This elegant shaved vegetable salad might be made of an assortment of vegetables. We chose to pair this with a Sauvignon Blanc, so we were sure to include yellow beets. The salad has a mixture of fresh, cool, earthy, and spicy vegetables, with cucumber, zucchini, carrot, radish, shallot, and yellow beet. The dressing is a sweet and tangy blend of lemon & lime juices, honey, turmeric, cumin, and salt & pepper. It makes for an elegant dish.
- 1 small Zucchini
- 1 small cucumber
- 4 radishes
- 1 carrot
- 1 yellow beet
- 1/2 shallot
- 1 lemon
- 3 tbs olive oil
- 1 tbs crushed pistachios
- 1/2 tsp caraway seeds toasted
- 1 tsp honey
- 1/4 tsp turmeric
- 1/4 tsp cumin
- 1 lime
- basil, mint, parsley, and/or arugula for plating
- Slice the zucchini into ribbons with a vegetable peeler
- Do the same with the carrot
- On a mandoline slice the radishes into small rounds
- Slice the cucumber thinly at an angle on the mandoline to make thin ovals
- Peel the beet and cut it in half, slice the halves into thin half-moons on the mandoline
- Thinly slice the shallot
- Juice the lemon & the lime
- To the juice add the honey, turmeric, cumin, salt, and pepper
- Drizzle in the olive oil while whisking to emulsify (or you can put this all in a jar and shake it vigorously)
- Toss the vegetables in this mixture and let them sit for just a couple of minutes.
- Delicately plate the vegetable in a pretty pattern (I like to curl the carrots and wind up the ribbons of zucchini so they stand like small columns)
- Sprinkle with the toasted caraway seeds and crushed pistachios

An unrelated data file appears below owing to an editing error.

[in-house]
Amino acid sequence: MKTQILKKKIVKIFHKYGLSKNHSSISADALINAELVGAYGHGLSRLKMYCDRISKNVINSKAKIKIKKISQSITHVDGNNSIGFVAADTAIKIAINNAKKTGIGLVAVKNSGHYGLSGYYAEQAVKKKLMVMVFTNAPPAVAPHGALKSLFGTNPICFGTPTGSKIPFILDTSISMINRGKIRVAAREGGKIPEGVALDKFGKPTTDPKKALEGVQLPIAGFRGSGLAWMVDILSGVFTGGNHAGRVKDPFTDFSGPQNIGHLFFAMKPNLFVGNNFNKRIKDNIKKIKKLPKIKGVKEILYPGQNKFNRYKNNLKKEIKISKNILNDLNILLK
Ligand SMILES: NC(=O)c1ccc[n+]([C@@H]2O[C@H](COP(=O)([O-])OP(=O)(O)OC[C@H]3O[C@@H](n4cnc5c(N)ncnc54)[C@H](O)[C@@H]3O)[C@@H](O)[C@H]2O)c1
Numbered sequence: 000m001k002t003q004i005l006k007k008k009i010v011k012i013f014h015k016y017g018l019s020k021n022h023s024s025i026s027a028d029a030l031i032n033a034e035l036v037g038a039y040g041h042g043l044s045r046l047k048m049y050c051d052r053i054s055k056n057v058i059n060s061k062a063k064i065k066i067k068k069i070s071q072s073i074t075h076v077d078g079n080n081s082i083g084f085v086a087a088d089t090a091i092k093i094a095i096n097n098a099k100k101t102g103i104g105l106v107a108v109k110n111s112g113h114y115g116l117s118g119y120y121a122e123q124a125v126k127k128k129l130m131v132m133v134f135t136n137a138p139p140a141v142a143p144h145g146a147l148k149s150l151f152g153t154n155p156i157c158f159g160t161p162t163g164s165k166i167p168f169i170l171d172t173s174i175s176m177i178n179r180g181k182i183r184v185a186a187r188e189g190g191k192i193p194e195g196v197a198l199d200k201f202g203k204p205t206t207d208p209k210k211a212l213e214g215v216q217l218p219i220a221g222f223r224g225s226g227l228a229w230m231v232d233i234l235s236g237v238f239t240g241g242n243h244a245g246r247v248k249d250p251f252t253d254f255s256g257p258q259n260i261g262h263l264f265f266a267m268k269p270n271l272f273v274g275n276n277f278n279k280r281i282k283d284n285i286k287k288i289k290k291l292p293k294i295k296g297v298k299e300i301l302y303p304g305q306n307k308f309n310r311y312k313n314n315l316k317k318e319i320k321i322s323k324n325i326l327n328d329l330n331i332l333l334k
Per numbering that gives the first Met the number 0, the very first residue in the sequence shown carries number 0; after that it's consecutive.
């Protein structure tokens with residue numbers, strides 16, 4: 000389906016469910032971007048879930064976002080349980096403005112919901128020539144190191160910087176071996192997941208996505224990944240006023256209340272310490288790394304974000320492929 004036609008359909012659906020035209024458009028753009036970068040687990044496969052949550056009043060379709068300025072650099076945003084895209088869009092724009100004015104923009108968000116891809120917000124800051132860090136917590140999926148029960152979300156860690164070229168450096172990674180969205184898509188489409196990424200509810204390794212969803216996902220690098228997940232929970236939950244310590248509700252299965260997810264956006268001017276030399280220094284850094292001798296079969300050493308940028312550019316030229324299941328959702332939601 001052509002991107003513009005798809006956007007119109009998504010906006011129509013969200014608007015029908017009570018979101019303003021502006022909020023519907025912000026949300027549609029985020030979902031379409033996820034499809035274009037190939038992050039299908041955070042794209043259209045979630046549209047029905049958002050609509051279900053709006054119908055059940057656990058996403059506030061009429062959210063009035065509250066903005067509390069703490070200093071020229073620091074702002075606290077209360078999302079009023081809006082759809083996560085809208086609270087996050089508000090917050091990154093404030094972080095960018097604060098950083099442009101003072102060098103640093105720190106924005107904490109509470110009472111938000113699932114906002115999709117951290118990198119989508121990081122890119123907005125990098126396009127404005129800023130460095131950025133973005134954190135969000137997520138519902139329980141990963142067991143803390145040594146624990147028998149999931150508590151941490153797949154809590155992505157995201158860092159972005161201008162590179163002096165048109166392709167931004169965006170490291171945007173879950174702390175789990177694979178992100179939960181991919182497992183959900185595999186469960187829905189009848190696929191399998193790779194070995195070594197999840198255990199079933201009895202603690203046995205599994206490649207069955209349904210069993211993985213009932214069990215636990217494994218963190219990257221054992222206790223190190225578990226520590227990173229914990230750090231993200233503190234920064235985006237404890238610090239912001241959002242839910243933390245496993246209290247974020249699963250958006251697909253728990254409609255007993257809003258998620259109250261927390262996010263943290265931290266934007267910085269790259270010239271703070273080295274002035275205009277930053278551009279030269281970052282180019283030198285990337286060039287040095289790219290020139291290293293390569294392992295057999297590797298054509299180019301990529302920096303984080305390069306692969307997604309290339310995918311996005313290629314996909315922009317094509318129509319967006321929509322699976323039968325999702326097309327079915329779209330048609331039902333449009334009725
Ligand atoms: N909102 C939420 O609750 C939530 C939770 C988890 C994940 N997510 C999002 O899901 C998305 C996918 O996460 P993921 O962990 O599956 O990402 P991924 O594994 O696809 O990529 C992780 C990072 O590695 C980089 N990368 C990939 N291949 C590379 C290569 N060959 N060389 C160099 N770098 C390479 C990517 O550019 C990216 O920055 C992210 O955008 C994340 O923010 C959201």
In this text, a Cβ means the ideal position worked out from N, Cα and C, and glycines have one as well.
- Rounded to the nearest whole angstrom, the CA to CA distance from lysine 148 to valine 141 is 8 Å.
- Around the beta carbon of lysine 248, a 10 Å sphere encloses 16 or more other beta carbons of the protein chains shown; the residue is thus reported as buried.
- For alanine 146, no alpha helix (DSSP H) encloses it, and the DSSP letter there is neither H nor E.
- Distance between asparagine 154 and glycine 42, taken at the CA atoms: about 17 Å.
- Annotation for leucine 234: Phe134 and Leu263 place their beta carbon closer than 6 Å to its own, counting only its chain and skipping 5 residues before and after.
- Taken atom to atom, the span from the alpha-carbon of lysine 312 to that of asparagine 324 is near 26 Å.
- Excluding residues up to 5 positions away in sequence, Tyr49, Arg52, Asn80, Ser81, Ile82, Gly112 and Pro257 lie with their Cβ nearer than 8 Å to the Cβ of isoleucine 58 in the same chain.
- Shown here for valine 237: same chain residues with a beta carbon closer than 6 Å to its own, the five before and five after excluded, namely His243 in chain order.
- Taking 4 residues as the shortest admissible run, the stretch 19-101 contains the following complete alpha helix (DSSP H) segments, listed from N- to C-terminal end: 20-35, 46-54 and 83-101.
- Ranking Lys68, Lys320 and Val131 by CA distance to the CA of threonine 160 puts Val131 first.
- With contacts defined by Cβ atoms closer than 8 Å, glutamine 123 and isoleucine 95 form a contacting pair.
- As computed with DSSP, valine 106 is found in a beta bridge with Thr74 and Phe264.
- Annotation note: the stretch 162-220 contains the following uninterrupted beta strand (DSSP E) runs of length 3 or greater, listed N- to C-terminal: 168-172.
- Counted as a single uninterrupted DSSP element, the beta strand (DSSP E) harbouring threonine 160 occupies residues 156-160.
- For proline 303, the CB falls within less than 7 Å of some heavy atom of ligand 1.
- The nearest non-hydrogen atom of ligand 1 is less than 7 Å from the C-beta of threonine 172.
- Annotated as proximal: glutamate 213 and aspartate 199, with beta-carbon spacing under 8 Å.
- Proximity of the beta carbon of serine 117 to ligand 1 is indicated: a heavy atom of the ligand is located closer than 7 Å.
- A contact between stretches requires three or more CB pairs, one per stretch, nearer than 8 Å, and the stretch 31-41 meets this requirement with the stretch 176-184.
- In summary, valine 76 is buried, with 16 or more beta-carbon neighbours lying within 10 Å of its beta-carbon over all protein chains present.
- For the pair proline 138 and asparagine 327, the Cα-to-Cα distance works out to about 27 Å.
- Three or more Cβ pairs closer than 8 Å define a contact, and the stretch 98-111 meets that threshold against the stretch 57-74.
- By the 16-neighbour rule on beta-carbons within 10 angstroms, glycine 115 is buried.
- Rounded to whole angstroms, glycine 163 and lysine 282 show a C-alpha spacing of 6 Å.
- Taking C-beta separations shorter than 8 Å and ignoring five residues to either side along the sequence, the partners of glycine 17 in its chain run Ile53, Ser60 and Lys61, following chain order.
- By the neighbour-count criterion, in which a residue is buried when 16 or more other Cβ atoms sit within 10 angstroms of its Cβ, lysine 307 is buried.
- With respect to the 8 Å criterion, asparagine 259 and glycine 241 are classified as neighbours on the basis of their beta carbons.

- zest a bit of lime on top
- Garnish with fresh arugula, mint, and/or basil
We served with crostini with goat cheese, green apple, and mint. This dish is perfect with a sauvignon blanc, pairing on a molecular level with the cumin, turmeric, beet, and caraway seeds.
Amount Per Serving Calories 99Total Fat 8gSaturated Fat 1gTrans Fat 0gUnsaturated Fat 6gCholesterol 0mgSodium 21mgCarbohydrates 8gFiber 2gSugar 4gProtein 1g
Nutrition information isn’t always accurate.
This recipe was inspired by Dr. Davinah's Eats. This risotto is delicious and much lower in calories than if you used rice, so you can spoil yourself with the scallops. (okay, not really, I mean, we are adding a lot of heavy cream, but it would have more calories if we were using rice too, right?) We used broccoli in our dish, but you could easily substitute peas or another vegetable, much as you would with risotto. This paired beautifully with our Sauvignon Blanc but in the future, I might try adding basil to this dish.
- 12 oz bag of frozen cauliflower rice
- 4 tbs butter
- 4 cloves of garlic minced
- 3/4 cup of frozen broccoli (defrosted with the florets cut into 1-inch pieces)
- 3/4 cup heavy whipping cream
- 2/3 cup finely grated parmesan cheese
- 1/2 tsp salt
- 1/4 tsp fresh ground pepper